It was through Barima that I met Danielle, a talented fashion illustrator and blogger who has an insatiable curiosity for understanding other bloggers and their experiences and who loves to talk about the world of art and style, much like Barima; the perfect company for a leisurely Sunday afternoon at a street café.

It should come as no surprise to me then that these two garrulous individuals should begin to share, via live webcast, their views with a wider audience. After a successful pilot, the second ‘ModeCast’ – named after Barima’s blog – has been pencilled for Sunday 4th March. As the title suggests, much of the discussion centres around ‘mode’ (fashion, clothes, style – call it what you will). Barima and Danielle approach subjects such as fashion models’ poses, the fashion-must of the moment and the way people carry handbags with a tongue-in-cheek earnestness that is delightfully entertaining.

Viewers of the live cast, as expected, have an opportunity to send in questions, respond to the content or simply engage in banter with Barima and Danielle, who host the show in good humour, and always pay heed to the requests and interests of the viewers.

Have you always wanted to discuss why you believe light coloured ties and white shirts ‘wash people out’? Have you been frustrated with a luxury shoe manufacturer and want to get it off your chest? Have you wondered if girls are going to respond positively to a waistcoat you just purchased? Barima and Danielle, sharing a bottle of vintage Scotch, will comb through topics with conversational panache and provide knowledge, entertainment and – perhaps – inspiration.

So, what are you doing this Sunday evening? I, for one, will be tuning in.

Cream and Off-White Shirts

off-white-shirt

Last weekend I decided to pay a visit to my friend Erlend at Stephan Shirts. He’s kindly been advising me on my button down shirt project. But there was another reason for popping into 95 Moore Park Road, Fulham. That reason is pictured above, the cream/off-white shirt in the foreground.

Having rationalised and simplified my shirt collection over recent months in favour of white, blue, Bengal stripes and the odd pink I’ve managed to completely neglect this most useful colour.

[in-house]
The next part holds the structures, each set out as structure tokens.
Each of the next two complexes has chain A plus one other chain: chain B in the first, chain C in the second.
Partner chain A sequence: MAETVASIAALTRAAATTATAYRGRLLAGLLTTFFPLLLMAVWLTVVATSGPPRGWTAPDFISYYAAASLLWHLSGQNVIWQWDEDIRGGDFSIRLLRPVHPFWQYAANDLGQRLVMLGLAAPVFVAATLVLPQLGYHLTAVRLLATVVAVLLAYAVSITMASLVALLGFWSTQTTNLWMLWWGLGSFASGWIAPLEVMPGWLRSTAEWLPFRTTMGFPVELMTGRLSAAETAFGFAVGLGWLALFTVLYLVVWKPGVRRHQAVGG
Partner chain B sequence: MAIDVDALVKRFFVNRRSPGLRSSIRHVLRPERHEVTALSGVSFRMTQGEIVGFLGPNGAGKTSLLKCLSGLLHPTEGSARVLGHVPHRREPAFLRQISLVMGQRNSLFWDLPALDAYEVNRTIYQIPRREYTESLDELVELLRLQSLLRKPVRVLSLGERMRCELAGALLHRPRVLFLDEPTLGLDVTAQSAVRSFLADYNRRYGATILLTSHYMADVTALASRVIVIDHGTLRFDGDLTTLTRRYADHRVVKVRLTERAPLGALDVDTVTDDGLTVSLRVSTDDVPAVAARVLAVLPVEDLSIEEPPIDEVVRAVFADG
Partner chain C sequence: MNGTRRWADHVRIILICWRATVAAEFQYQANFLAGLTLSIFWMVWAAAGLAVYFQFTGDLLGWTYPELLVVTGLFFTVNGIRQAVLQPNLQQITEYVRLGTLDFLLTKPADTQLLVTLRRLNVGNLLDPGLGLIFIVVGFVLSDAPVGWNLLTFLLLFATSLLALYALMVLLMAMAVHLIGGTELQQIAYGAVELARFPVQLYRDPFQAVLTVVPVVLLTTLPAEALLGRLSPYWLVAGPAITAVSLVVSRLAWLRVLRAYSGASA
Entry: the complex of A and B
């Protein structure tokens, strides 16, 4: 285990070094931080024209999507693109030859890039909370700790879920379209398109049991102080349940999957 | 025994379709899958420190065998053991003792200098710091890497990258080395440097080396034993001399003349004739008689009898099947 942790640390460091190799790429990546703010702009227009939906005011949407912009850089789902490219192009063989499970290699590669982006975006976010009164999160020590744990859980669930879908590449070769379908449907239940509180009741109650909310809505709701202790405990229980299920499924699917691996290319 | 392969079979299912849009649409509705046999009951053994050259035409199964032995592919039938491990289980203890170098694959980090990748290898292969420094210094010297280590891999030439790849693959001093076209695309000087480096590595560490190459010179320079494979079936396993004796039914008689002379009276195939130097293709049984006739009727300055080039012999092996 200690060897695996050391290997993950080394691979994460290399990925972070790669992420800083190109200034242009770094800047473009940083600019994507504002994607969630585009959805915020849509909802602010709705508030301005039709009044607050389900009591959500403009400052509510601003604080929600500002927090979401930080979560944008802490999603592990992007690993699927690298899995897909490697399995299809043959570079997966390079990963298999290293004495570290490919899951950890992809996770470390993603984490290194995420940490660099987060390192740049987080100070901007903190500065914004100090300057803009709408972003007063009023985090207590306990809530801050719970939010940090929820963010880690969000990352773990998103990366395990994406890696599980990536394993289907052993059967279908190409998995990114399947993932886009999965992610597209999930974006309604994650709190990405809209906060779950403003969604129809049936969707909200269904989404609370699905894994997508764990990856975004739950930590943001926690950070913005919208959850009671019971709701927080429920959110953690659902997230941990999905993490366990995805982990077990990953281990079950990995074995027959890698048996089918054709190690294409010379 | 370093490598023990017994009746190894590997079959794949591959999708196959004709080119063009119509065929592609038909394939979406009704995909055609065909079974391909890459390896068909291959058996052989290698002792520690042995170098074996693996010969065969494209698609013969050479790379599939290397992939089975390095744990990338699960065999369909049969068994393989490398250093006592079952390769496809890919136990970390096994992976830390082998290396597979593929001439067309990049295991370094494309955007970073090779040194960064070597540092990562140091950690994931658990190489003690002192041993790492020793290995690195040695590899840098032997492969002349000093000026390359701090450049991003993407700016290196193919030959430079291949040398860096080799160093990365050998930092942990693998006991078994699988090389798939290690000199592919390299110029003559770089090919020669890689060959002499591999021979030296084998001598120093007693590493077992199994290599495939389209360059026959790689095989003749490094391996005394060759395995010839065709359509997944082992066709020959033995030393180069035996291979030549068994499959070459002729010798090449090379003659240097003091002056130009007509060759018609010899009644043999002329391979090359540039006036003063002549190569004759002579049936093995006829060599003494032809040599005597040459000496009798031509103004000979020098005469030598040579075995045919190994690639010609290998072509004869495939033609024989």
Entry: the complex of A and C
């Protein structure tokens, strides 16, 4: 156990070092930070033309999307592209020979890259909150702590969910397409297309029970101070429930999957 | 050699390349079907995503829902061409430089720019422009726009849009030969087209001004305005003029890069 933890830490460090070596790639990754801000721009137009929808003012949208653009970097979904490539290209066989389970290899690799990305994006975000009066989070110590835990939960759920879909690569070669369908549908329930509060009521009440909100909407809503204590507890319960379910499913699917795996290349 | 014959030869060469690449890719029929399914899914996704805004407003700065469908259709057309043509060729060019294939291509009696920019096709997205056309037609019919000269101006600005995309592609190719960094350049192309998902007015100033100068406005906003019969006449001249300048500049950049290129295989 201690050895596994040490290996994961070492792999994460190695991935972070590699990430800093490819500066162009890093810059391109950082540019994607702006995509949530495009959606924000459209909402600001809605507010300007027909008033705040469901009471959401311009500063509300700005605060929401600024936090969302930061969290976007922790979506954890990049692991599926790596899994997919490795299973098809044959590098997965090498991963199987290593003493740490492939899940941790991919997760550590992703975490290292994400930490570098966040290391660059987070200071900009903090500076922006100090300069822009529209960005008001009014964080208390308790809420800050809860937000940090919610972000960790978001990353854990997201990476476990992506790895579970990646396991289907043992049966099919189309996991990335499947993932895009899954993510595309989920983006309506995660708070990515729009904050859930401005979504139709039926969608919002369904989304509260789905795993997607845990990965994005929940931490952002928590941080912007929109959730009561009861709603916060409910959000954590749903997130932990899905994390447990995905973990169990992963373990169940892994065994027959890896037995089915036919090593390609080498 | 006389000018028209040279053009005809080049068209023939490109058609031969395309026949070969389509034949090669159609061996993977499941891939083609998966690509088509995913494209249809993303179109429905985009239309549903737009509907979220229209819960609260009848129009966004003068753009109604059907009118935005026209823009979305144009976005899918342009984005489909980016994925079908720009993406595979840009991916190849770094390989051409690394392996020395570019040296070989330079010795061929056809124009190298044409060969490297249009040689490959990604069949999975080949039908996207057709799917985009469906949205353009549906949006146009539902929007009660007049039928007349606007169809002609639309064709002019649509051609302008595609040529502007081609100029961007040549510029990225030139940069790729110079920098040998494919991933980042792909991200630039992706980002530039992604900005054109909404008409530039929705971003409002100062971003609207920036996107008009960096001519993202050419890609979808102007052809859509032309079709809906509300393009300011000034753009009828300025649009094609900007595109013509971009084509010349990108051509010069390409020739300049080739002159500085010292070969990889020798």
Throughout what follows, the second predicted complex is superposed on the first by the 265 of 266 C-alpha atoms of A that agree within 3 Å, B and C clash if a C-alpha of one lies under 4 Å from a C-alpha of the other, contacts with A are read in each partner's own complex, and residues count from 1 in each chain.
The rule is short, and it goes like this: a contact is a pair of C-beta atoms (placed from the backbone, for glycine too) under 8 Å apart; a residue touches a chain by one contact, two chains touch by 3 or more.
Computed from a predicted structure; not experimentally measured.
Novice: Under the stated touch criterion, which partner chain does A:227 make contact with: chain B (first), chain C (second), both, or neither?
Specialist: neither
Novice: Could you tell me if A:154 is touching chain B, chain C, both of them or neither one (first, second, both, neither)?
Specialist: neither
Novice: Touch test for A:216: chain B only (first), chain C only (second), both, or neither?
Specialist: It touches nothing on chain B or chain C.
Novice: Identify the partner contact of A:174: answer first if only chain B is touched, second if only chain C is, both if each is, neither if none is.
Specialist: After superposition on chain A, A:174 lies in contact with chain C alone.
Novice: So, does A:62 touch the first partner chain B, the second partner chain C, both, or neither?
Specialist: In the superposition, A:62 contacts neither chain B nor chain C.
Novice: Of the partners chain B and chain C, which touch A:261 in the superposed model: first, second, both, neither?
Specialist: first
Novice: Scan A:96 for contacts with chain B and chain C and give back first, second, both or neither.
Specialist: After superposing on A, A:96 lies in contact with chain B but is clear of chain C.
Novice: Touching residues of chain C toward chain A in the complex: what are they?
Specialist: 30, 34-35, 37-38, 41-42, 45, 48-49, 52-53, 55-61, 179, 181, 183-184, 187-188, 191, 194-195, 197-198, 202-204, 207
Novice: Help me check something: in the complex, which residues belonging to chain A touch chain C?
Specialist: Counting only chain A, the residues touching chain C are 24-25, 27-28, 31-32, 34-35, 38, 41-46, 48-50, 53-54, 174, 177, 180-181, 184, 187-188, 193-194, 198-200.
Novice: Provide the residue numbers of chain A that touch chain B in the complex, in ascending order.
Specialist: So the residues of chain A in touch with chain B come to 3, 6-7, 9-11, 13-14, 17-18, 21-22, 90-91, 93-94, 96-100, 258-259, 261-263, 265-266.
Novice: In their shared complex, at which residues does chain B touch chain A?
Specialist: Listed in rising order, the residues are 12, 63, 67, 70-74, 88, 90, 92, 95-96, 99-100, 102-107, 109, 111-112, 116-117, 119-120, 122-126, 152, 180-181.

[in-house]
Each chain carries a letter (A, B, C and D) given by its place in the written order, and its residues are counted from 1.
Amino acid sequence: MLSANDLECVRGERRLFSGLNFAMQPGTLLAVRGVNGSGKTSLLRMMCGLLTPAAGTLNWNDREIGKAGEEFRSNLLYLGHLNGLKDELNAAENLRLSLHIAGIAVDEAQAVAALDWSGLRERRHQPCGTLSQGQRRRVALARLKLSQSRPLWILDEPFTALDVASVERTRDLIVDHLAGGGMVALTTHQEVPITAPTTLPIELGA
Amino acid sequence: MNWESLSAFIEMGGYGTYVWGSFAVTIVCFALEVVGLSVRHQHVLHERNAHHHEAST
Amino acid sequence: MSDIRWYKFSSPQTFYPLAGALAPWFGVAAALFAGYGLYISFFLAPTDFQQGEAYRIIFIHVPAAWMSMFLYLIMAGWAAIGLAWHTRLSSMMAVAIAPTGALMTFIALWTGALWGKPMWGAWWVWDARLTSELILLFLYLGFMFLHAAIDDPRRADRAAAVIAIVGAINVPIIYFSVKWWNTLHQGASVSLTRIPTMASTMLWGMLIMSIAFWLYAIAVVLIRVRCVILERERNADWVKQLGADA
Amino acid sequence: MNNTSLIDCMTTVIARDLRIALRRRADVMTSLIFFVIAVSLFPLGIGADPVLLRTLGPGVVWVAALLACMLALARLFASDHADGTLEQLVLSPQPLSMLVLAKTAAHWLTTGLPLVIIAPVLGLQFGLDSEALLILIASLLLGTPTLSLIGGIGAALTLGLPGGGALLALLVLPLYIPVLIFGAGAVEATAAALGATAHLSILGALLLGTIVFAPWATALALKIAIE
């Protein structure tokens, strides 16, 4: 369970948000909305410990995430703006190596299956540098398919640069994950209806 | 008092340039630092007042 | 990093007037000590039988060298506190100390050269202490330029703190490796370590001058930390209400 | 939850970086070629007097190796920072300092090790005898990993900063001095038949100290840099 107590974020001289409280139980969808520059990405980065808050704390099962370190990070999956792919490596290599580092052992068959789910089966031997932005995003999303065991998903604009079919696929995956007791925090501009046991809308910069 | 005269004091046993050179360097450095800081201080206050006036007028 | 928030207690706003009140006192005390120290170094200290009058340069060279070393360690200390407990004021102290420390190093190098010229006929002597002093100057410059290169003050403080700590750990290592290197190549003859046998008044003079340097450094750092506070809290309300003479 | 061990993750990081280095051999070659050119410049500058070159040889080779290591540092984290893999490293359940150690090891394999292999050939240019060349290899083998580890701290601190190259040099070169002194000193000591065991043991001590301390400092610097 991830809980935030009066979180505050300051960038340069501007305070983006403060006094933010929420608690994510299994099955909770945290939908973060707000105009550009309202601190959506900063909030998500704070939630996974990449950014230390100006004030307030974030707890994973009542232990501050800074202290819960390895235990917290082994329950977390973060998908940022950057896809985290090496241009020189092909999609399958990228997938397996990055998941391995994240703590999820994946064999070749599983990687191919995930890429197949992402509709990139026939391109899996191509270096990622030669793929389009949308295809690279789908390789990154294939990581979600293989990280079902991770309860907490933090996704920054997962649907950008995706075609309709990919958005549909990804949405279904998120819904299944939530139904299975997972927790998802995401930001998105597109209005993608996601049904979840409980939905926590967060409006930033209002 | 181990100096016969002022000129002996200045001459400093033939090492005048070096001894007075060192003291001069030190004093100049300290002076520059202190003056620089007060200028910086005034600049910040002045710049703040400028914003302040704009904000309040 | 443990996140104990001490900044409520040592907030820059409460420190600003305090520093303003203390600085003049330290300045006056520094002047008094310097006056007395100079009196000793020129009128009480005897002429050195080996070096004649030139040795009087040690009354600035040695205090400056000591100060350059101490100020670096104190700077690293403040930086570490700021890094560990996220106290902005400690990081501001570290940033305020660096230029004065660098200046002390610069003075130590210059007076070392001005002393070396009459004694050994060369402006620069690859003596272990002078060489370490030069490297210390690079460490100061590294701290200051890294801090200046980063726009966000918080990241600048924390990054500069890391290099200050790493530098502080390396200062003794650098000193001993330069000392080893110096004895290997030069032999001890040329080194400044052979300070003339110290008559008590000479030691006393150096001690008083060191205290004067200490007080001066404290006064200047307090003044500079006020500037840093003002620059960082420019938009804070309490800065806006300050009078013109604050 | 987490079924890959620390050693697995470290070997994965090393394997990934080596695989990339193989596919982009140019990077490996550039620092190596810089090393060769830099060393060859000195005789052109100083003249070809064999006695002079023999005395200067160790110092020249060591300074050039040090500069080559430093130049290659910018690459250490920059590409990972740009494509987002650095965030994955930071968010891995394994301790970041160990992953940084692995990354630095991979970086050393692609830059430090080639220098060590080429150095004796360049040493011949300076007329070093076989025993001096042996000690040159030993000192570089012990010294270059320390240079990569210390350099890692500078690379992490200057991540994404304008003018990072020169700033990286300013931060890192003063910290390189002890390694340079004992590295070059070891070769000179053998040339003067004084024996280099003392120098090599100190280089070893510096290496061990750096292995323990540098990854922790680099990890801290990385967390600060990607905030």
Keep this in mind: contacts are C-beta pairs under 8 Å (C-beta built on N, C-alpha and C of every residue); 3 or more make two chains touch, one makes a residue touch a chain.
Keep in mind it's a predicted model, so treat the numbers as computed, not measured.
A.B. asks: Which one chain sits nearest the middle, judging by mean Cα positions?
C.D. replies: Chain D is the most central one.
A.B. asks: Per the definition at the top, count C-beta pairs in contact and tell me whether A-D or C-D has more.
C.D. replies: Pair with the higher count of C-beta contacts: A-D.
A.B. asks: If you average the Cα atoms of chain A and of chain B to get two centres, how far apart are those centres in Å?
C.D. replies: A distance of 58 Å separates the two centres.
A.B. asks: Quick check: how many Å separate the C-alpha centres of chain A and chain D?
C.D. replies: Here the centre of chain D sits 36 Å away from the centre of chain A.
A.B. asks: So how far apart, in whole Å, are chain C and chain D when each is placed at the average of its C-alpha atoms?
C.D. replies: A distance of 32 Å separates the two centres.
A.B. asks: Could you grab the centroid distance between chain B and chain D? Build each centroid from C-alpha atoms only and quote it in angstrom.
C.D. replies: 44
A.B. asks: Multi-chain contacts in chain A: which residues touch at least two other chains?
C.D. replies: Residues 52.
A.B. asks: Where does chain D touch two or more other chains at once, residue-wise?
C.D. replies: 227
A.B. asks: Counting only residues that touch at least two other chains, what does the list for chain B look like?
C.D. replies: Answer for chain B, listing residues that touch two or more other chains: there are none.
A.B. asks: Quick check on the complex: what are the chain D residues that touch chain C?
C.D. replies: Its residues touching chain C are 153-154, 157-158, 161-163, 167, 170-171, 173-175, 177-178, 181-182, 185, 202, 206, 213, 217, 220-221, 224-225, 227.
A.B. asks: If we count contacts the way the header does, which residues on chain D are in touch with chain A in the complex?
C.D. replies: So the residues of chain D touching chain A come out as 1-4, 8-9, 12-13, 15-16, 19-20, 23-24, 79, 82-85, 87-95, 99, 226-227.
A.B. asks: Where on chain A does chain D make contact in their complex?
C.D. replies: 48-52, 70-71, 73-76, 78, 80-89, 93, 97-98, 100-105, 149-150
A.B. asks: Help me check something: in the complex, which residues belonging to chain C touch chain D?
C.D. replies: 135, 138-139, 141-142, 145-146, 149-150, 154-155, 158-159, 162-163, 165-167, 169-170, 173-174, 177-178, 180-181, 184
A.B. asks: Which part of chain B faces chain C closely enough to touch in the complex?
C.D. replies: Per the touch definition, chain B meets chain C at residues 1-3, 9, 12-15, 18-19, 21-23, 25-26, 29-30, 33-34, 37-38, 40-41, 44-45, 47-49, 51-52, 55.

Obviously, cream and off-white sits sympathetically with browns, greens and the earthier colours contained in classic tweeds. But as a shirting its usefulness goes beyond that.

Firstly, if you’re pale skinned or you have grey hair, as I do, you might want to consider cream and off-white as an alternative to plain white shirts. Whereas white shirting can often reinforce that pale paler, cream and off-white provide a little reflected colour and an element of warmth to your look. Funnily enough it also works in the opposite way. A heavy tan or five o’clock shadow can be deemphasised by use of cream and off-white shirting, whereas pure brilliant white shirts simply emphasise these traits by making the contrast of colours appear starker than they need be.

In a very similar vein cream and off-white are a nice alternative to pale blue shirts, which when combined with solid grey and navy suits can look a little cold.

For those unsure about combining colours, I would add that cream and off-white shirtings are about as versatile an option as you could wish for. It combines with navy and grey, and all the variations thereon. Indeed some blues, like petrol blue for example, can sometimes benefit from being toned down a bit. That tonal balance likewise applies to bright ties and bold patterns which become gentler on the eye. However, with regard to patterned ties, avoid combining patterns with white in them as next to cream and off-white it merely makes the shirt look grubby. You might also extend that rule to Prince of Wales check cloth where the ground is white and chalk stripes, for the same reason. Other than those two caveats, you’ll find cream and off-white worthy editions to your shirt collection.